Heinrich Jaeger, Ph.D.Physics, University of Chicago
Design is a process that proceeds from desired overall properties to requirements for the constituent components. For materials science, design is a major challenge, because it requires us to invert the typical modeling approach that starts from microscale components in order to predict macroscale behavior. How can one tackle this inverse problem for granular materials that are inherently disordered and far from equilibrium, and for which the design target is not a thermodynamically favored ‘ground state’? I will discuss how concepts from artificial evolution make it possible to identify with high efficiency particle-scale parameters that produce the targeted macroscale behavior. In particular, I will show how one can find particle shapes that are optimized for specific desired outcomes, such as low aggregate porosity or high stiffness under compression. This approach uses large numbers of parallel molecular dynamics simulations together with optimization techniques based on artificial evolution. Optimized shapes are then validated by physical measurements that test large aggregates of 3D-printed versions of the particles. This approach has general applicability and opens up new opportunities for granular materials design as well as discovery.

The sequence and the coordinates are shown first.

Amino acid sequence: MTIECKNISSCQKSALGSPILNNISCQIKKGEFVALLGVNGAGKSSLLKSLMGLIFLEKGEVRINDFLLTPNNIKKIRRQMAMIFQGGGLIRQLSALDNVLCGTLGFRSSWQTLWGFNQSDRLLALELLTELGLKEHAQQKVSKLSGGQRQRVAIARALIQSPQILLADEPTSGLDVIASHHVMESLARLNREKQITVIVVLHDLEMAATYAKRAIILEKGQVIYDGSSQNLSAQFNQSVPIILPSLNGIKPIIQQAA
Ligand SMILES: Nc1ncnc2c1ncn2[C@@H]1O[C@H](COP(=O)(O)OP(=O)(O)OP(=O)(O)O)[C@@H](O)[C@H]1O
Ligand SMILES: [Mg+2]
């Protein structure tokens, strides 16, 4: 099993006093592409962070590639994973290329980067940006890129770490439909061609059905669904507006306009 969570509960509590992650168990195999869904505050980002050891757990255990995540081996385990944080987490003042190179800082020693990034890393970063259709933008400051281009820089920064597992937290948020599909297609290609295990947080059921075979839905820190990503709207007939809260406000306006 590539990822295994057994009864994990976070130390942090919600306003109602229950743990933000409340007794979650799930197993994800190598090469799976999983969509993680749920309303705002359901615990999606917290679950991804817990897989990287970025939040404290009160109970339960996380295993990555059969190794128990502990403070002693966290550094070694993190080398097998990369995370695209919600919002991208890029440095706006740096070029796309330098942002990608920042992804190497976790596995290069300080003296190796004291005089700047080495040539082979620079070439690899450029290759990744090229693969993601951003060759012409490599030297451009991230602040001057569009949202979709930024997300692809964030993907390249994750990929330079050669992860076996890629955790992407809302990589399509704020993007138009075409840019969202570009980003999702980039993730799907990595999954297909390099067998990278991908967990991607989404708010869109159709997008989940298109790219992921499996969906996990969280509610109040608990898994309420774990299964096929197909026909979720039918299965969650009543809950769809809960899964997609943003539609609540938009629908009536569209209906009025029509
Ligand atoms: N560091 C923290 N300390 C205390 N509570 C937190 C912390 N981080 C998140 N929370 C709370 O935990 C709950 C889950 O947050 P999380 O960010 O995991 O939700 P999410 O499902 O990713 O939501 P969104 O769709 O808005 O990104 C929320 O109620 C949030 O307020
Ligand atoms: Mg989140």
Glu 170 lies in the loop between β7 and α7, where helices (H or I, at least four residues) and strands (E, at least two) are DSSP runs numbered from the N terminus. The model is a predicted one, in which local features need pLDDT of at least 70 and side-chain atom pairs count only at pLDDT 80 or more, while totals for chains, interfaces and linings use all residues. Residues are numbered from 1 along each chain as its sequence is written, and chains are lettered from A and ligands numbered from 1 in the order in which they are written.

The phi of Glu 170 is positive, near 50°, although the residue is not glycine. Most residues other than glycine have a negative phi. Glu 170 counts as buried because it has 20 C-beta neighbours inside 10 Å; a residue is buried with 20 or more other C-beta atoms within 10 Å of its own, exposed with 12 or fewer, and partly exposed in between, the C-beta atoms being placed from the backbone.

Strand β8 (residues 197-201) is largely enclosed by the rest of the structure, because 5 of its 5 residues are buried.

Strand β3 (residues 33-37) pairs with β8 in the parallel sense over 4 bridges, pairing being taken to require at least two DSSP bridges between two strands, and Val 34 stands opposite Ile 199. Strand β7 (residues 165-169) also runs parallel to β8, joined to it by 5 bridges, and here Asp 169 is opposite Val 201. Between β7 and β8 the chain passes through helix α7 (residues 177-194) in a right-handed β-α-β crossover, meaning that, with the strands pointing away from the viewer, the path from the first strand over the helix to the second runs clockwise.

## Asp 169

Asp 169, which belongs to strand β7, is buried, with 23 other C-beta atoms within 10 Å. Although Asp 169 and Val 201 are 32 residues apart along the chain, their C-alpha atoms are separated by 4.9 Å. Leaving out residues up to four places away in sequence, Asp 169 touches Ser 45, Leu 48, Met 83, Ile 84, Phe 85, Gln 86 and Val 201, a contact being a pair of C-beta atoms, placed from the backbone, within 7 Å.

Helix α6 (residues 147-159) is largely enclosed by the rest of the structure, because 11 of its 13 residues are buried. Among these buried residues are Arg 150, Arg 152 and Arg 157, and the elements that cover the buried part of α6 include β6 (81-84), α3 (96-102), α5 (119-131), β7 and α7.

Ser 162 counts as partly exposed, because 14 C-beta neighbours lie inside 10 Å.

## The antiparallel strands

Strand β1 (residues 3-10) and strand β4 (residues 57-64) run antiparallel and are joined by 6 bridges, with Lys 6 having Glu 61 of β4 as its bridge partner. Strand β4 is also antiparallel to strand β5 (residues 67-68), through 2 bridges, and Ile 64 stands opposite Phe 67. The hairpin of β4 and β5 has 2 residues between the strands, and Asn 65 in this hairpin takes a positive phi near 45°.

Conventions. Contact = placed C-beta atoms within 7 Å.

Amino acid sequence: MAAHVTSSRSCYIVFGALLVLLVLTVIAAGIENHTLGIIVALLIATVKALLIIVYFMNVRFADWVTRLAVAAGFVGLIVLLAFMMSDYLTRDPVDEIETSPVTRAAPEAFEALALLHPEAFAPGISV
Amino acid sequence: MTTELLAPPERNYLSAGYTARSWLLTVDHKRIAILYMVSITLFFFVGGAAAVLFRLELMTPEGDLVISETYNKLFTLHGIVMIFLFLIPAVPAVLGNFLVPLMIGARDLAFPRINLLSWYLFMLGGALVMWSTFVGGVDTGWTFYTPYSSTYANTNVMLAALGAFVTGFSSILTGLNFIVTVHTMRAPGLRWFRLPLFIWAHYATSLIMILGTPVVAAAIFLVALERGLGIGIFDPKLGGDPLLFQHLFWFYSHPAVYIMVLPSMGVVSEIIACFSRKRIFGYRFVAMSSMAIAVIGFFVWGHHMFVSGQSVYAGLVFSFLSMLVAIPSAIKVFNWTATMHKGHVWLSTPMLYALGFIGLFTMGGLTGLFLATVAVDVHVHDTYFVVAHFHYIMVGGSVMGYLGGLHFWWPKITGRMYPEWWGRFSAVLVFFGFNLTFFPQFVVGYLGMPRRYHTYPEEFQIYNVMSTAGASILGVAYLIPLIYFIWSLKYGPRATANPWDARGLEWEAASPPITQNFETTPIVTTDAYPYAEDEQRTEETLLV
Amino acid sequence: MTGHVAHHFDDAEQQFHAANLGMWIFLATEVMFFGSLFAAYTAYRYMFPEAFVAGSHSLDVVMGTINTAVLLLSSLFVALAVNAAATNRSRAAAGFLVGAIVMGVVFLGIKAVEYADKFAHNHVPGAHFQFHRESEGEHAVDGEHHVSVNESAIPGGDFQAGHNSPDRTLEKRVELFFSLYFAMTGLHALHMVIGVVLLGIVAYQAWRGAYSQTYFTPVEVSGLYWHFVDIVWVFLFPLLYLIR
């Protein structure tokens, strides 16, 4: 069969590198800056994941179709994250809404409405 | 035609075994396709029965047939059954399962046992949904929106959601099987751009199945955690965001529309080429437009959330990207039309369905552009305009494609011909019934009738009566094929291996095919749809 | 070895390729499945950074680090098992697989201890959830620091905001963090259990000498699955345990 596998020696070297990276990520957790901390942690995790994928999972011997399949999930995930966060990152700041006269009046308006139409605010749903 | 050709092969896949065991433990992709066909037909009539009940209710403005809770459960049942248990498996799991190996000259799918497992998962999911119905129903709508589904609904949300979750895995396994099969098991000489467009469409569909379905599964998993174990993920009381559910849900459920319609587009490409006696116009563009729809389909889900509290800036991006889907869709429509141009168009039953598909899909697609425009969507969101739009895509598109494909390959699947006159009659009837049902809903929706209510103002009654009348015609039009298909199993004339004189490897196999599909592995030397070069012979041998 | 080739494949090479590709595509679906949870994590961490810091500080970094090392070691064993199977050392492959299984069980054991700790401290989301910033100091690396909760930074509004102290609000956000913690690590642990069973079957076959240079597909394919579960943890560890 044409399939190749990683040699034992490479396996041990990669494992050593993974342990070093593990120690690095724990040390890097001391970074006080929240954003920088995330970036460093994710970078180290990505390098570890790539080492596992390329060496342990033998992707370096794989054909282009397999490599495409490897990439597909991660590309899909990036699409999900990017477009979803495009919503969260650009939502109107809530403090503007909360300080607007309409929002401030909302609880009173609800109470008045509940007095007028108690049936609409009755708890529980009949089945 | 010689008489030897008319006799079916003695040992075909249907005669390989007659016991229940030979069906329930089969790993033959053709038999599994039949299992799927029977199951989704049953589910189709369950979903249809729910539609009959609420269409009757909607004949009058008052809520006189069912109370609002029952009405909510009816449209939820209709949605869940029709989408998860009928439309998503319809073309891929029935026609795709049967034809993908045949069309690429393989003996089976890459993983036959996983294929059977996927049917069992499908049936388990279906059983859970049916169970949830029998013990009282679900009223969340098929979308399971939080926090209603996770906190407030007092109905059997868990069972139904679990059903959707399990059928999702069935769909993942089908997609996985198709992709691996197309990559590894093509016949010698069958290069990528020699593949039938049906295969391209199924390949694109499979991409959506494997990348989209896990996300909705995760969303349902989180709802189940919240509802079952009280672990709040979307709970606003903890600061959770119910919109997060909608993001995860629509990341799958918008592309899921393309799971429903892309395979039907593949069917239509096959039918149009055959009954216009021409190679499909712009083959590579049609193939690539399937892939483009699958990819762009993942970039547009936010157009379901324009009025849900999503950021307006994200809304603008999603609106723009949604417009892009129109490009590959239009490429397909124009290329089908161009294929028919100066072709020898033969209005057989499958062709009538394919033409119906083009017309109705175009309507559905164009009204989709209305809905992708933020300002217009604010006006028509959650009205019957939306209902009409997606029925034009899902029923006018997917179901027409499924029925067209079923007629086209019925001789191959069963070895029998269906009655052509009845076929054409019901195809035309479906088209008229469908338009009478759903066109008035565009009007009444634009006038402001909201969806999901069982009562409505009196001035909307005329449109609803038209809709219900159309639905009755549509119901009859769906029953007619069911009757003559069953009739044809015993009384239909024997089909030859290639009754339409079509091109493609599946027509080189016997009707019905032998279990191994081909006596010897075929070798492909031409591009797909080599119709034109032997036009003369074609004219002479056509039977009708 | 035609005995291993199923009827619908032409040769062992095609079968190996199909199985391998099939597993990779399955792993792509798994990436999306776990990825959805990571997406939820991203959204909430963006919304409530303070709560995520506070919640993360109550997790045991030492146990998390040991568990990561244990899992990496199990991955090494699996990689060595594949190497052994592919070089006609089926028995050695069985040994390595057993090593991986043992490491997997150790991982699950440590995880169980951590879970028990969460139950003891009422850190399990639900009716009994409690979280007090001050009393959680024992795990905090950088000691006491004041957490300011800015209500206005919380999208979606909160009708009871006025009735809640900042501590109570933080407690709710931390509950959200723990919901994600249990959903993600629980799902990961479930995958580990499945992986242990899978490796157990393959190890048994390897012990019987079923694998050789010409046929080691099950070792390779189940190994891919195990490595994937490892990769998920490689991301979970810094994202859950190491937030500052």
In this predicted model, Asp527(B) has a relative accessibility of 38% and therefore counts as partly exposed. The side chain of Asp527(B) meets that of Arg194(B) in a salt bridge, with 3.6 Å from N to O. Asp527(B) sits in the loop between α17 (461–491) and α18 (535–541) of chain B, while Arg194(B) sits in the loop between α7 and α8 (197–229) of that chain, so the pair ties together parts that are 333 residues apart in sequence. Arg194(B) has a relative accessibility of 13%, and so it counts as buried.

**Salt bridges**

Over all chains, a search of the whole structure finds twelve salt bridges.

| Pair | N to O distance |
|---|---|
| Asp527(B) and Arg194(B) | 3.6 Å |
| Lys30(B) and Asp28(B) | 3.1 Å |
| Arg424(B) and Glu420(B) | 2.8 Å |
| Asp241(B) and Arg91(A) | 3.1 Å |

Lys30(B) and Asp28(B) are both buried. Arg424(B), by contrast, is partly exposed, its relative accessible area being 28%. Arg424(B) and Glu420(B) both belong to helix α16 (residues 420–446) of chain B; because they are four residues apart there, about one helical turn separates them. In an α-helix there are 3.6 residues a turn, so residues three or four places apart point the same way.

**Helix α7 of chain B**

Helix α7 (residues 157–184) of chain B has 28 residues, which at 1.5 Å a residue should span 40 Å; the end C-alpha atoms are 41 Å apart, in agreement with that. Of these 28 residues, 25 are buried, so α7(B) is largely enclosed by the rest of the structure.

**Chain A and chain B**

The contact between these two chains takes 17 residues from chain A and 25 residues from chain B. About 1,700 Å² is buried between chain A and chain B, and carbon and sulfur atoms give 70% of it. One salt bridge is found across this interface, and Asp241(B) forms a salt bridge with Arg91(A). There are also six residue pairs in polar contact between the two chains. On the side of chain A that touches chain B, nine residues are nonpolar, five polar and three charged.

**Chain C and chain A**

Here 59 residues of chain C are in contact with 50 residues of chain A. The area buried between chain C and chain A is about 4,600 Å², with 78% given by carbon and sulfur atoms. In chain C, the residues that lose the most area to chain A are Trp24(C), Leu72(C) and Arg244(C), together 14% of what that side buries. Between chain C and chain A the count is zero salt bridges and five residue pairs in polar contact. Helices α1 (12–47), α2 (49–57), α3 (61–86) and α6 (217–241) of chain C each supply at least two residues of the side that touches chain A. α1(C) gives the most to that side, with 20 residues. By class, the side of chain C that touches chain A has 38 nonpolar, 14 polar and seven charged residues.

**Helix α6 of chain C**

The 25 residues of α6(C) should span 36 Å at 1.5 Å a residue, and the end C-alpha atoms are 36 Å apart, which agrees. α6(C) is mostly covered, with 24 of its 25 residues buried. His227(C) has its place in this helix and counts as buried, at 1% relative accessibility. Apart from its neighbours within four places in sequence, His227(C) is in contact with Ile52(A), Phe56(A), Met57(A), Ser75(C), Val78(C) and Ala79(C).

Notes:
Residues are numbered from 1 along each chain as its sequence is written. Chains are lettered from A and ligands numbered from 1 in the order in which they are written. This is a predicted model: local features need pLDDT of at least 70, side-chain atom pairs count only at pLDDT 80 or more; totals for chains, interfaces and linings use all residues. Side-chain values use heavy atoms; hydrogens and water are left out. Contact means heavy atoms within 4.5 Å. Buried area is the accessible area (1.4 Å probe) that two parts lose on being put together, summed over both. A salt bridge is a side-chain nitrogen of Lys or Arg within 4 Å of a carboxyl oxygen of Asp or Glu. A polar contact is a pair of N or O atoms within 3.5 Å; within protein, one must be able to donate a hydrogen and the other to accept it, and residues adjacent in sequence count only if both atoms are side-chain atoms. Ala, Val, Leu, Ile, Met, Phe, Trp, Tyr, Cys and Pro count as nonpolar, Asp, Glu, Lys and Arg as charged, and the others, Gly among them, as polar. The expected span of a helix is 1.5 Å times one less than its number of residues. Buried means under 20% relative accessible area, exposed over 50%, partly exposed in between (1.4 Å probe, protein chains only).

Heinrich Jaeger is the William J. Friedman and Alicia Townsend Professor of Physics at the University of Chicago. He received his Ph.D. in physics in 1987 from the University of Minnesota and has been on the faculty at the University of Chicago since 1991, directing the Chicago Materials Research Center from 2001 – 2006, and the James Franck Institute from 2007-2010. Jaeger’s current research focuses on self-assembled nanoparticle-based structures, on the rheology of concentrated particle suspensions, and on studies of the packing and flow properties of dry granular materials.
Host: Dr. Sushant AnandFor more information, please contact Prof. Sushant Anand